Monday, February 24, 2020

Downsizing books - some adventures on the way

I am in the throes of the (very) painful experience of saying goodbye to my library - or most of it.  How successful I will be in finding homes for the many hundred volumes is difficult to judge, but conversations about the task have led to interesting consequences.  For example, I mentioned this to a Methodist friend. His ears pricked up on hearing that I have many (many) volumes of W.E. Sangster's sermons and other books, (Sangster was a very influential Methodist preacher). He said: 'You haven't by any chance got his pamphlet: A Spiritual Check-Up?  That booklet meant so much to me in my early Christian life.  I would love to see it again'.

Well, I have found it and I shall tell him. However, it also made impact on me as a teenager.  Like a medical check-up Sangster asks readers to go through the pages slowly for a spiritual check-up. He warns: If you are too busy for this, you are too busy.  It needs at least two hours.  And, as I turn the pages I remember again the shock of its challenges.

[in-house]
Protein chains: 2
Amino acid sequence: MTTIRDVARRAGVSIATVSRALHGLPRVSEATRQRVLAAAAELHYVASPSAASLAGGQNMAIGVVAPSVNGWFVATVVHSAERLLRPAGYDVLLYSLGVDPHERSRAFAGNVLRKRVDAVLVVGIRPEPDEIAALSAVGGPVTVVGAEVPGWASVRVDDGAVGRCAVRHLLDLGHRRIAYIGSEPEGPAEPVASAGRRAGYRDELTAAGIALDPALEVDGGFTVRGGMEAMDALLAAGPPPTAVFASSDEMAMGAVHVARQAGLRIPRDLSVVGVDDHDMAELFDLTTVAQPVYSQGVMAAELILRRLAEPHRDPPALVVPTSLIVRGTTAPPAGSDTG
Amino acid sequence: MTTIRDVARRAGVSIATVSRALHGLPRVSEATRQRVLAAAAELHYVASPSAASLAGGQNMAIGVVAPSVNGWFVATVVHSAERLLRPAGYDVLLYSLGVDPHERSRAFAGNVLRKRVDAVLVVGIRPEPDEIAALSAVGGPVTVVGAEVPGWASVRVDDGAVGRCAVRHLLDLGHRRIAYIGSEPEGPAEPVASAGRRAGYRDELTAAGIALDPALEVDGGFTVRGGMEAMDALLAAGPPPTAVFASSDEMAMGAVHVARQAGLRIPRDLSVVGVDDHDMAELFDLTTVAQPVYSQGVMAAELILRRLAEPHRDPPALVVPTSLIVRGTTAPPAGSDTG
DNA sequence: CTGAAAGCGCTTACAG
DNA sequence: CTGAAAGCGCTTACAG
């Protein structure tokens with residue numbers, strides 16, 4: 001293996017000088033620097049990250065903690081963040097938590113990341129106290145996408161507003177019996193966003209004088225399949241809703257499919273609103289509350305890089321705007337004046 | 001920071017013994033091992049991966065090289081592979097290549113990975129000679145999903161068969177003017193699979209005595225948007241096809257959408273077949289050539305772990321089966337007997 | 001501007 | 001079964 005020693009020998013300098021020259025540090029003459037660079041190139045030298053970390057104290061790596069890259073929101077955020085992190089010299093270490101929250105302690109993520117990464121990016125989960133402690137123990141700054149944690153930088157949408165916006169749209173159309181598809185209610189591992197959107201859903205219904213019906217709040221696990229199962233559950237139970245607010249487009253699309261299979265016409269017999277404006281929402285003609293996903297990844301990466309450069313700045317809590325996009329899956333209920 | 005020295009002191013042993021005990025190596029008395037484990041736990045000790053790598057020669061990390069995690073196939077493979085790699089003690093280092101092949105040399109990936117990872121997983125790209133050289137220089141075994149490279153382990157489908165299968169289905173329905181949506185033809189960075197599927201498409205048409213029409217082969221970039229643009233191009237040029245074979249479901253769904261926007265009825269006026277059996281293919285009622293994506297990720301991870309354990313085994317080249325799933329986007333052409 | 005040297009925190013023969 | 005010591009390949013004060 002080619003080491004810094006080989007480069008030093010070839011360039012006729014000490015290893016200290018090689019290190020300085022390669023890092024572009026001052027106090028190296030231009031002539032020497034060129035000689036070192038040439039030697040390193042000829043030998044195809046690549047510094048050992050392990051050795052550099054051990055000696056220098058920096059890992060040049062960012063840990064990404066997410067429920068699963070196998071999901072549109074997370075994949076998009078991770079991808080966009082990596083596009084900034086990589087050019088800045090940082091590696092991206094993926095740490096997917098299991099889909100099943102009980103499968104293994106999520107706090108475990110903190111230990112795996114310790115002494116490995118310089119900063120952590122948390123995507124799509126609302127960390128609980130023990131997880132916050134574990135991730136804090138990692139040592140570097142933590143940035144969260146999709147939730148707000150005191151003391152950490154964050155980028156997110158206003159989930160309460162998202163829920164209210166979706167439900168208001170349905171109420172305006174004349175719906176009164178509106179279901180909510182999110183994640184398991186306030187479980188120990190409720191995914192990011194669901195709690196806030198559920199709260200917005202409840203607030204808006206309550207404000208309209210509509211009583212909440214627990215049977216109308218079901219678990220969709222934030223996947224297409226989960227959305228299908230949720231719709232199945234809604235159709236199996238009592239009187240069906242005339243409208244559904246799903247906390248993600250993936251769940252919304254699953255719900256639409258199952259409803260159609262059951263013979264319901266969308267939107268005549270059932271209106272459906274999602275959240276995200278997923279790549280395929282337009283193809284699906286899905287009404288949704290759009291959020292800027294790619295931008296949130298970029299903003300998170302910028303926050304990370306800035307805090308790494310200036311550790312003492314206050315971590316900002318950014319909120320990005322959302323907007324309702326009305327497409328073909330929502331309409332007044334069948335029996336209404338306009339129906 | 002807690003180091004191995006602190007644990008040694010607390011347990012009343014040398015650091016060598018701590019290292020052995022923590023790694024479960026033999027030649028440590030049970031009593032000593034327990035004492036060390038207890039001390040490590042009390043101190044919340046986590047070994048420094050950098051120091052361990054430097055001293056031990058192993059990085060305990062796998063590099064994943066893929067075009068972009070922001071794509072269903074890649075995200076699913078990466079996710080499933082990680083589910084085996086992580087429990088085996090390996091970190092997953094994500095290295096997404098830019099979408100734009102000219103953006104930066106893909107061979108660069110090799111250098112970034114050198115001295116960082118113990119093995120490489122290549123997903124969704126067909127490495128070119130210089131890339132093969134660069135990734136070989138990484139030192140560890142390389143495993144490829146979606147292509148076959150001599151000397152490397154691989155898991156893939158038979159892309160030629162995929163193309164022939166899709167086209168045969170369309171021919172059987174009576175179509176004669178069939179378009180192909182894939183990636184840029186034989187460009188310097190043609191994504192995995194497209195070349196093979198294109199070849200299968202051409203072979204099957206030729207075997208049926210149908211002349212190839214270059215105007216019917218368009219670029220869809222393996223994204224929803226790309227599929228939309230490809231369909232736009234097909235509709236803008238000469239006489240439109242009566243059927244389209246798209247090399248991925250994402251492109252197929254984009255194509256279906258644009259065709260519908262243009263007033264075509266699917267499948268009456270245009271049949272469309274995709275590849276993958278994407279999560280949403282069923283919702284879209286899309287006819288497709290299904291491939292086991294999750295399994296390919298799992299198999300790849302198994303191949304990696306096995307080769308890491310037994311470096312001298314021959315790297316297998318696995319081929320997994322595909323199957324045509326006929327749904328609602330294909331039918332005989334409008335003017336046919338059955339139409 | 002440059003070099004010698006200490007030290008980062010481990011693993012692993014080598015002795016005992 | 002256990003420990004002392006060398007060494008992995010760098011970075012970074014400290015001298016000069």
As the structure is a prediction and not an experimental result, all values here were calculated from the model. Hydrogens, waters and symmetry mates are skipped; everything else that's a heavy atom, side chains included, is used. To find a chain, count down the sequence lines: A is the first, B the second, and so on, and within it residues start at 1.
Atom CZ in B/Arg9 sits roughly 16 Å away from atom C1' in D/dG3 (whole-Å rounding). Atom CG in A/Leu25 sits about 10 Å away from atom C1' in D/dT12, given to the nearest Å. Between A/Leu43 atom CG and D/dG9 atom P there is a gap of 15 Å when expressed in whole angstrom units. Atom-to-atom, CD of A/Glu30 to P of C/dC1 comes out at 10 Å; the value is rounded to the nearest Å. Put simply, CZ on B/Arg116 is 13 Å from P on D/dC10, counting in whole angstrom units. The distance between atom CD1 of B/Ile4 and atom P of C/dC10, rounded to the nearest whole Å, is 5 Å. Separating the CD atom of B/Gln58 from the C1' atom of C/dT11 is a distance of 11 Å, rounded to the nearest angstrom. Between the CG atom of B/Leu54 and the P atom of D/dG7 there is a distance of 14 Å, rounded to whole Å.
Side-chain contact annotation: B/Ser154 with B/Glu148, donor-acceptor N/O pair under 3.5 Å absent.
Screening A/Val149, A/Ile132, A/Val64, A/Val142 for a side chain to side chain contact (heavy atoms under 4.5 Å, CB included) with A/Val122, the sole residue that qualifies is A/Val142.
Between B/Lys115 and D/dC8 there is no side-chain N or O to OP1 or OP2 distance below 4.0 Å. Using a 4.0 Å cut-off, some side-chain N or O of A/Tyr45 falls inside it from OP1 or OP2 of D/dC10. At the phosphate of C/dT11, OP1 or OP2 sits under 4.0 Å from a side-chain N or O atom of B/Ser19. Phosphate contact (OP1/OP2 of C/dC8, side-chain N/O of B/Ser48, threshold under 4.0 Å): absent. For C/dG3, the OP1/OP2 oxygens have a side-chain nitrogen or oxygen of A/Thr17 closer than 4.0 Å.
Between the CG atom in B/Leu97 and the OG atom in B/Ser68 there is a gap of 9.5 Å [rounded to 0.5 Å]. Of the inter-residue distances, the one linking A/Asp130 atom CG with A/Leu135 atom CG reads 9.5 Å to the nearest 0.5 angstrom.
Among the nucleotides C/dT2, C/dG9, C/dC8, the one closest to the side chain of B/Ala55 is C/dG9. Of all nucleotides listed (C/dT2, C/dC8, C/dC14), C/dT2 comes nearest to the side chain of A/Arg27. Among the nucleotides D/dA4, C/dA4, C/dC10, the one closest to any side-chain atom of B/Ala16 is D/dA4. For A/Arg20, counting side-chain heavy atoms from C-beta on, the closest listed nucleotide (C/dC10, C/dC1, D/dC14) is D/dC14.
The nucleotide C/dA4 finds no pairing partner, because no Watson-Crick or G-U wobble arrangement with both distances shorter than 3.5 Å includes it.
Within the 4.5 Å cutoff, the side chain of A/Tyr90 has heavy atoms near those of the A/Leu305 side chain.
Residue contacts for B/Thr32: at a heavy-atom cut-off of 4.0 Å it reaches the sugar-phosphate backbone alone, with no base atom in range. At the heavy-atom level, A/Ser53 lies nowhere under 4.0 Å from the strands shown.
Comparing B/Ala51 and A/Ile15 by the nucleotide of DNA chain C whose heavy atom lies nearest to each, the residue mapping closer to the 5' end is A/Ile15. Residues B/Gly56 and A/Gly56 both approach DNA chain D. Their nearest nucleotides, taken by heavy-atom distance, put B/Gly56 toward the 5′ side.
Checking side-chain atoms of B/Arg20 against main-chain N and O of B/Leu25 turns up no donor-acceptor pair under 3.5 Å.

Some are more obvious. For example, some questions on the first page titled: IN THE WORLD
       Do I speak the truth?  Am I a person of the strictest honesty?  Do I fake my income tax returns?         Do I swear? In my relations with the other sex am I pure in deed, word, thought?
It becomes more searching as the check-ups continue: WHERE I WORK:
       Is Christ more loved or, at least, more respected at my business place because of the way I live.?         Are some people outside the church because I am inside? If I have concealed my discipleship, is         it because I am afraid that my life would not sustain my profession? I am ashamed of Christ? or        just a coward? 
And especially IN THE HOME
      Do those who know me best, believe in me most?  Am I thoughtful for those who are serving me          every day?  Do I criticize the Church and other Christians in front of others?  In the morning              half- awake, and in the evening over-tired, am I still a Christian, courteous, grateful, 
      good-humoured?    Do I think of the home as mine or God's? 

Each section, continuing with  At the altar, With fellow-workers for Christ, the Fruit of the Spirit, the Passing Years, Serving Others, At the Cross, closes with a prayer of confession and help.  Those prayers make all the difference - you'd just be left a guilt-ridden wreck without God's daily help and forgiveness.  And there's just a couple of other things I have been reminded of - that need another post.

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